Have Your Cake And Eat It
Every seller wants to achieve the best possible price on a sale. In the commercial property market sellers can be reluctant to agree a sale for fear of cashing out prematurely. This is where overage clauses could provide some comfort and benefit to a seller.
Overage provisions can enable a seller to sell now while enjoying a potential uplift payment on the future value of that property. Such provisions would place an obligation on the buyer to make a further top-up payment to the seller on the occurrence of an agreed trigger event, such as the grant or implementation of planning permission or future disposal.
It is not quite so simple, however. Getting the drafting right is key to ensure that a buyer cannot circumvent their obligation to pay. There is a risk that if the provisions are not tightly enough drafted, buyers will explore means to avoid or reduce the payment. For example, in the case of Bride Hall Estates Ltd v St George North London Ltd  the seller lost nearly £300,000 in payment due to a drafting ambiguity in relation to whether car park spaces formed part of the ‘residential units’ that were the subject of the overage provisions.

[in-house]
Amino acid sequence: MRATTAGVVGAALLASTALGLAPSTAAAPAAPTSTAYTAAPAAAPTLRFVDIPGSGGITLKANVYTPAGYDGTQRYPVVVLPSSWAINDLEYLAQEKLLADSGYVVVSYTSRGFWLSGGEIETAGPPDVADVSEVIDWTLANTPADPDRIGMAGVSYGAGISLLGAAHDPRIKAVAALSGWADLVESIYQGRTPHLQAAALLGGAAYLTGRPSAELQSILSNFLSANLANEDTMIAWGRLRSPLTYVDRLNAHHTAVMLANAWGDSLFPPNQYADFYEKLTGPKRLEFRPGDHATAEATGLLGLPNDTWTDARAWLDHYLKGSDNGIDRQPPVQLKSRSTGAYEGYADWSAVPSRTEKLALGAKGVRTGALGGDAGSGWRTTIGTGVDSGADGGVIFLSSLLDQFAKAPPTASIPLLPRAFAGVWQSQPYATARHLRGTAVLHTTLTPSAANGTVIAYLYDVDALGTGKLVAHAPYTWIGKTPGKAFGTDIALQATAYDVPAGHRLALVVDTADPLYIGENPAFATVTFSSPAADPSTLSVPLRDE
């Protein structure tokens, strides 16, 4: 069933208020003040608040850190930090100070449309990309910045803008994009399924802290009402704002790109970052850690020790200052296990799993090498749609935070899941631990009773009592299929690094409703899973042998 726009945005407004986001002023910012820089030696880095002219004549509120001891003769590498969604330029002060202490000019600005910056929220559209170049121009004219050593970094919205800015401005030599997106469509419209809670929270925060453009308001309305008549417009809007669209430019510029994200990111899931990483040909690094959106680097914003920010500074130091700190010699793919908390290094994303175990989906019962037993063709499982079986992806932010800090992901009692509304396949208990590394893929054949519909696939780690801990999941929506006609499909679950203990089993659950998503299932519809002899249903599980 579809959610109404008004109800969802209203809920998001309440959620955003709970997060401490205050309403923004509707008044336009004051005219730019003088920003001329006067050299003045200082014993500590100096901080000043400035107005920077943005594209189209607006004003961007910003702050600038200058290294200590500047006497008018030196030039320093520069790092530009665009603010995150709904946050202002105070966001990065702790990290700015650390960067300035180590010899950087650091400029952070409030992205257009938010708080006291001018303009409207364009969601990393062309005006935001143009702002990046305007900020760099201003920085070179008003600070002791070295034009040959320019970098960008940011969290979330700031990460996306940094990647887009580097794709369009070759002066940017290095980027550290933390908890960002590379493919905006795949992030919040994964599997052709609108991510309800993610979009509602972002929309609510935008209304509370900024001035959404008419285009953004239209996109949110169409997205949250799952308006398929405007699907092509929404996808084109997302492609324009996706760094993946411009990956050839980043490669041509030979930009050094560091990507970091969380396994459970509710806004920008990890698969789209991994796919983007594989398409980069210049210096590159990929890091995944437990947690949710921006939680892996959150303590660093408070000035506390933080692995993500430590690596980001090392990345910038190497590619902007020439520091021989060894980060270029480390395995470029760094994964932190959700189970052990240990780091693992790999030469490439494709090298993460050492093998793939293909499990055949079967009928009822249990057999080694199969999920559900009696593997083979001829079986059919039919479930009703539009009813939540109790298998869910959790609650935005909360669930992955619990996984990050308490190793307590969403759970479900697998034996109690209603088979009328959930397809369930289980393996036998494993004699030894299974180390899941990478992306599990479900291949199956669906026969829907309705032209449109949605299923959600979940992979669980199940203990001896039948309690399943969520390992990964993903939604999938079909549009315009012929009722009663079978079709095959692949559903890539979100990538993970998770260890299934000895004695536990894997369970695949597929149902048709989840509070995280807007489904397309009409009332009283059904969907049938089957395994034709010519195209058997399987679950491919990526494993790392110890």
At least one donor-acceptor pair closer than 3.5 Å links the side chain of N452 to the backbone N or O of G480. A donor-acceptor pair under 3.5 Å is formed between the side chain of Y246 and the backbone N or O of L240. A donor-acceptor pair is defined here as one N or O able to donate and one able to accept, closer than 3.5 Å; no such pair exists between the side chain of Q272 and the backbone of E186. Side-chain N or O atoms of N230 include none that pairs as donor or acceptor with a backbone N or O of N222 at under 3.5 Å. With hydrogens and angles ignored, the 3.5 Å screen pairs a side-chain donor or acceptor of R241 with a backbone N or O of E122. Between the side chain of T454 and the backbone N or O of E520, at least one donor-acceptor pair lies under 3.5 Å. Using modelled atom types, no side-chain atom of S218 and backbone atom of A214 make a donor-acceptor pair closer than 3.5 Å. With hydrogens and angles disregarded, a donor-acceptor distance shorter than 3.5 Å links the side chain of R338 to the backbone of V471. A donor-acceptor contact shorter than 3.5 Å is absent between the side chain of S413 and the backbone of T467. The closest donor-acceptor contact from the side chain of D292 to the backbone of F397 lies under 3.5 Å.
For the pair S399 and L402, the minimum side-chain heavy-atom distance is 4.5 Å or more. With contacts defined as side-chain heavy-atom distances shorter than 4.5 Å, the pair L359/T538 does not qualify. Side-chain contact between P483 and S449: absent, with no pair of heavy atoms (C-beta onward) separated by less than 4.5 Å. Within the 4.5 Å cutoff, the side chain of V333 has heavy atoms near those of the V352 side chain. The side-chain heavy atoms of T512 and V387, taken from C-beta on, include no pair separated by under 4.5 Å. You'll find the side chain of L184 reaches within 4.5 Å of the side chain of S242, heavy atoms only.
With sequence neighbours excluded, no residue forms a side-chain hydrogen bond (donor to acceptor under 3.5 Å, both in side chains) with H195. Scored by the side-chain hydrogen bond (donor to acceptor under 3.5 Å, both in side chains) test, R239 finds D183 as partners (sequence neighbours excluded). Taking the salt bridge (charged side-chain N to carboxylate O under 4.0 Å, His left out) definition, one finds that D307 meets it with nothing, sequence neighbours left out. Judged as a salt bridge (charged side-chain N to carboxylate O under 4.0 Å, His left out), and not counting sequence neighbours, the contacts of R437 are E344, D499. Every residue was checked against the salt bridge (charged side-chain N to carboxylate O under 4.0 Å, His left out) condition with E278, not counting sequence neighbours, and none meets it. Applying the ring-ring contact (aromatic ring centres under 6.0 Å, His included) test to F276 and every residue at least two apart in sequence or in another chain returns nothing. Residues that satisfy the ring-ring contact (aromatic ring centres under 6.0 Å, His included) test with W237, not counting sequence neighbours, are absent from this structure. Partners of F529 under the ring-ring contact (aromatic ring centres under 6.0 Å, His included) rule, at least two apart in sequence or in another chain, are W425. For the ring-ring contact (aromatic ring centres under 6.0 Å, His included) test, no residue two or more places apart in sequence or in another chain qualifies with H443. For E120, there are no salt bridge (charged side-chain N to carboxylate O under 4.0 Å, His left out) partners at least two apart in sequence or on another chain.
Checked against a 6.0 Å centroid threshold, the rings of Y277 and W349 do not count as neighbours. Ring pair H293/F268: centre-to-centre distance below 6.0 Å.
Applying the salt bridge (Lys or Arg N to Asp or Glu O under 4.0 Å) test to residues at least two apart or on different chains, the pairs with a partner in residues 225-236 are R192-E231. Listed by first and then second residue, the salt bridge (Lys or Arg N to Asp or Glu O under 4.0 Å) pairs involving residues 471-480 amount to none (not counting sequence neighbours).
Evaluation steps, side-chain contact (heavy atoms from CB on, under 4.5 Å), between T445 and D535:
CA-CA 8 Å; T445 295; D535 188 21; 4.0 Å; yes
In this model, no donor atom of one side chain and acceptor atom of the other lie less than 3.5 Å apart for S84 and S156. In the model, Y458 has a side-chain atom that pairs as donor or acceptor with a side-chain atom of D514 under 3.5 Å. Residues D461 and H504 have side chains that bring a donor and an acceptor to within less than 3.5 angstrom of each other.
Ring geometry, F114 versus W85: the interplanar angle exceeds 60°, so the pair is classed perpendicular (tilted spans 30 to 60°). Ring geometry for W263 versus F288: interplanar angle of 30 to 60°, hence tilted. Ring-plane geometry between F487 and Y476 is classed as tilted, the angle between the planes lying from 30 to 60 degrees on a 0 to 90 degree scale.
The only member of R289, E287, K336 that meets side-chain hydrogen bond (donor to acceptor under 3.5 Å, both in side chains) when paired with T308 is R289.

In Renewal Leeds Ltd v Lowey Properties Ltd  the overage payment was due on the sale of the last house in a development site. To avoid payment, the buyer left the last four houses unsold. There was no express obligation included in the contract which required the buyer to build, or indeed sell, any houses. However, in this case, the Court determined that there should be implied into the drafting a provision that the development, if commenced, would have been expected to be completed. Courts are often reluctant to imply terms into contracts which have been negotiated between the parties. While the decision in this case benefited the seller, it would be foolish to expect Courts to regularly ride to the rescue. This highlights the importance of careful drafting.
A further key consideration for a seller is to ensure that the overage payment is made upon a trigger event. There are a range of methods to secure payment and a solicitor can consider and advise which of these may be appropriate to a particular situation.
While great care has been taken in the preparation of the content of this article, it does not purport to be a comprehensive statement of the relevant law and full professional advice should be taken before any action is taken in reliance on any item covered.